Every Friday during the month of February, Dana Santas, founder and director of Radius Yoga Conditioning (RYC), who has worked with more than 18 teams across the NBA, MLB, NFL, NHL and MLS, will guide you on how to improve your flexibility and improve your performance with yoga. View the first Flexibility Friday post.
Back tension is a common complaint among athletes. Above and beyond the issue of pain, a tense and immobile back, particularly through the mid to upper region, can have negative effects on sports performance and increase the risk of injury.
Let's look at a throwing athlete. A pitcher with limited mid- to upper-back mobility needs to generate more power from his shoulder. Since his upper back lacks mobility, the motion of his scapula will be inhibited. His body will compensate, leading to improper form—the ultimate recipe for an eventual injury.
To improve your thoracic spine (mid- to upper-back) mobility, try the yoga Spine-Awakening Series. It will reduce back tension and improve trunk mobility, thus enhancing your sports performance and reducing the risk of injury. As a bonus, it will also improve your breathing and neuromuscular efficiency—the brain's ability to communicate with your muscles for more accurate movements.
The Spine-Awakening Series is extremely versatile; and it only takes about a minute, so you can easily integrate it into your training program. Since the series focuses on natural movements of the spine, it can be performed daily at almost any point in a workout or as part of a pre-game warmup.
If you want the stretches to be effective, make sure to start each movement by leading with your tailbone. This is very important—it allows you to work on neuromuscular efficiency and actively counter the natural tendency for familiar—and possibly dysfunctional—movement patterns. Follow by moving your lower back, then middle back and upper back. Finish by bringing your head into the specified position. Focus entirely on the spine, keeping your shoulders, arms, hips and legs from getting involved, and resist the urge to move quickly.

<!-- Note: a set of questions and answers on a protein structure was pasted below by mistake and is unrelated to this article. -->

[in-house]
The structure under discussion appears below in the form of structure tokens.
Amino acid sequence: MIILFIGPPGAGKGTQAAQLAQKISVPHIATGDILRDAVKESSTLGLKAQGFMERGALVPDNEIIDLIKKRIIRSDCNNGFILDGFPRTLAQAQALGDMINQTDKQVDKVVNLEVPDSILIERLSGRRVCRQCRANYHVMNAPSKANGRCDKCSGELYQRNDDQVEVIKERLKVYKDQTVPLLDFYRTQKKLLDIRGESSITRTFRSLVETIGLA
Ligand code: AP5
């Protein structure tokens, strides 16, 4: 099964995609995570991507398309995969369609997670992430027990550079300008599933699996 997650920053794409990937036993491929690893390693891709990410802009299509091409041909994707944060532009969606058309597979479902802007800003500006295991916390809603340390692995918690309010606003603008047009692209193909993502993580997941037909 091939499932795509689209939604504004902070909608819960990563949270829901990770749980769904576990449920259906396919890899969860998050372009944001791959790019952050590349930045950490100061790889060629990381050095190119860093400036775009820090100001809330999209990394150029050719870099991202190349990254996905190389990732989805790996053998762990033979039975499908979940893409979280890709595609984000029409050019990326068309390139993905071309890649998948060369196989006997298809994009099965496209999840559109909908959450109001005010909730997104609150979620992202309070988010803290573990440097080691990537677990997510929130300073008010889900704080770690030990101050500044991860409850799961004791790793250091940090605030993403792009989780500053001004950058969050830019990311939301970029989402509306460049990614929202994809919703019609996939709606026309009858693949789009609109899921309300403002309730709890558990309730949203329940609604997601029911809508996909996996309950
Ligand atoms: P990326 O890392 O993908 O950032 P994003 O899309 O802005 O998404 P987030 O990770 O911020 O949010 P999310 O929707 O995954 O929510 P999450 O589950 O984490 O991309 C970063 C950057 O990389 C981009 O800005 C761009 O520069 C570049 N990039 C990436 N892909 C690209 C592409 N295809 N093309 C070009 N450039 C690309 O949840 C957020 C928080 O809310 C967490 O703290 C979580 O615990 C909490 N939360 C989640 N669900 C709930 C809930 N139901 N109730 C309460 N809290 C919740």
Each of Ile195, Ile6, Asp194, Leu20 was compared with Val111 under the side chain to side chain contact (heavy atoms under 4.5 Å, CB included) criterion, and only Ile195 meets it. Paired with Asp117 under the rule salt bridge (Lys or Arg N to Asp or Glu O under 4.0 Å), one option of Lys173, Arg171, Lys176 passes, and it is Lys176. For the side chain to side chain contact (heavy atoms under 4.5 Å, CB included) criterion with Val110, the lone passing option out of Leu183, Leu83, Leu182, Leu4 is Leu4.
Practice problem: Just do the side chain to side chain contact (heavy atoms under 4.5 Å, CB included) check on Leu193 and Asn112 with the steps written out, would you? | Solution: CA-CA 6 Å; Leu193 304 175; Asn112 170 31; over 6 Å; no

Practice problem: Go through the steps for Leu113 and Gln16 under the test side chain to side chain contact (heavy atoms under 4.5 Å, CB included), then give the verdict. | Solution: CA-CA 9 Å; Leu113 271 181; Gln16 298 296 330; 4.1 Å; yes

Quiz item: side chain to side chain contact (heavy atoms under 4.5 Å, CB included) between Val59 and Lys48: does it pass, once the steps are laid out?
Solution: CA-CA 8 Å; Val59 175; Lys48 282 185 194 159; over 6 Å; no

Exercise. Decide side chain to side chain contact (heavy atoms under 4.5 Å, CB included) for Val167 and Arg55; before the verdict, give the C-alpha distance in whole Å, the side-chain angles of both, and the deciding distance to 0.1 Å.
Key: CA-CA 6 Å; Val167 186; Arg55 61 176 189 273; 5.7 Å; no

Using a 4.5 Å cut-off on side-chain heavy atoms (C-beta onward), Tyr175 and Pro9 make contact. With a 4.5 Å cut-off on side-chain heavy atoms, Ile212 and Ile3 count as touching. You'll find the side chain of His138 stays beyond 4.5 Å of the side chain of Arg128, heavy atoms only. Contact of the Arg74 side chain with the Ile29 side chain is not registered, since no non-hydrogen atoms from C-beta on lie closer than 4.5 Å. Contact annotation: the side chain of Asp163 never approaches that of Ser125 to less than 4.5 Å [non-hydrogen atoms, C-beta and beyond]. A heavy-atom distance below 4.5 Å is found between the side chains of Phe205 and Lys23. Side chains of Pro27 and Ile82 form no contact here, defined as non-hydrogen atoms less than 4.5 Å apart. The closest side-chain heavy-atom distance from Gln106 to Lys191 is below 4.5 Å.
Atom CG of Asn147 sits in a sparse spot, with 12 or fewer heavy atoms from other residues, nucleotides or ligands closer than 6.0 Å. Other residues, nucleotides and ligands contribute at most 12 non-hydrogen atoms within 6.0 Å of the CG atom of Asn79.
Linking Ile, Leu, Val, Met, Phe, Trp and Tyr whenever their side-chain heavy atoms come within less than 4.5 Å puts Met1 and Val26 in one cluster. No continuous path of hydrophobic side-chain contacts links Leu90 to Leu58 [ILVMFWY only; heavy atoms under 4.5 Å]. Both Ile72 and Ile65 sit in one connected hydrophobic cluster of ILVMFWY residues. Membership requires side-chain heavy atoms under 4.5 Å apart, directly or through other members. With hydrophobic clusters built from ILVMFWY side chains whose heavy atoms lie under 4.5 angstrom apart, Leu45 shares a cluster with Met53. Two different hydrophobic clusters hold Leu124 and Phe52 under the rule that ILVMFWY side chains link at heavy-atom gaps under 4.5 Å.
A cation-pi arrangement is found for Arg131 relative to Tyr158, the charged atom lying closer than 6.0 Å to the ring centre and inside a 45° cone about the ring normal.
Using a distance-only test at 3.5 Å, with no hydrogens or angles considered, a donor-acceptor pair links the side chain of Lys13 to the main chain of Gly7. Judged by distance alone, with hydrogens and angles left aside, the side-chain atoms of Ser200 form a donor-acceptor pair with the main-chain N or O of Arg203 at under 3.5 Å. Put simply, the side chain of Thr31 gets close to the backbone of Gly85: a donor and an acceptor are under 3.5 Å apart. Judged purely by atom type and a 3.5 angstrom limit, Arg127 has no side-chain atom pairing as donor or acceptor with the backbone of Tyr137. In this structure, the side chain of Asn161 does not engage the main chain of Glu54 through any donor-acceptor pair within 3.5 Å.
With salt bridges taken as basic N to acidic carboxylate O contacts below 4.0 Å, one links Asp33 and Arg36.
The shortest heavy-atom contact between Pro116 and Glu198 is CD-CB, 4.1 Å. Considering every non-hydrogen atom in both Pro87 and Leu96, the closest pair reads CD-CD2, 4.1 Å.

Begin on all fours in a neutral position with your back flat, hips over knees and shoulders over wrists. Keep your wrists, knees and ankles in line. Take a full inhalation and notice the natural curve of your spine. Exhale slowly and begin to move into the Angry Cat Pose by tucking your tailbone forward and raising your lower back upward to create a dome with your back. Tuck your head down and look at your thighs. Tighten your abs and draw your navel toward your spine, which signals the back muscles to release and further allow the back stretch (reciprocal inhibition).
Inhale and begin to move into the Frisky Cat Pose. Lift your tailbone toward the ceiling, creating a sway back as you move your spine into extension, finishing with your gaze forward. At this point, you should experience reciprocal inhibition, feeling your spinal muscles working to support you as your abdominal muscles relax and are stretched.
From Left: Neutral Spine; Angry Cat Pose; Frisky Cat Pose
Repeat this series for six total breaths (inhale and exhale), using your last exhalation to come back to neutral spine. Remain in neutral spine for one full breath.
Dana Santas, E-RYT, ACSM-cPT, is the founder and director of Radius Yoga Conditioning (RYC), an international yoga training and consulting business offering customized sport- and athlete-specific yoga programs. Specializing in serving pro athletes, Santas has worked with more than 18 teams across the NBA, MLB, NFL, NHL and MLS. RYC is accessible to athletes, coaches and teams through numerous formats, including Skype/Facetime sessions and customized team training. Her work has been featured in Sports Illustrated, on MLB.com, the NHL Network, Fox Sports, WebMD, CNNRadio and elsewhere. For more information, visit radiusyoga.com.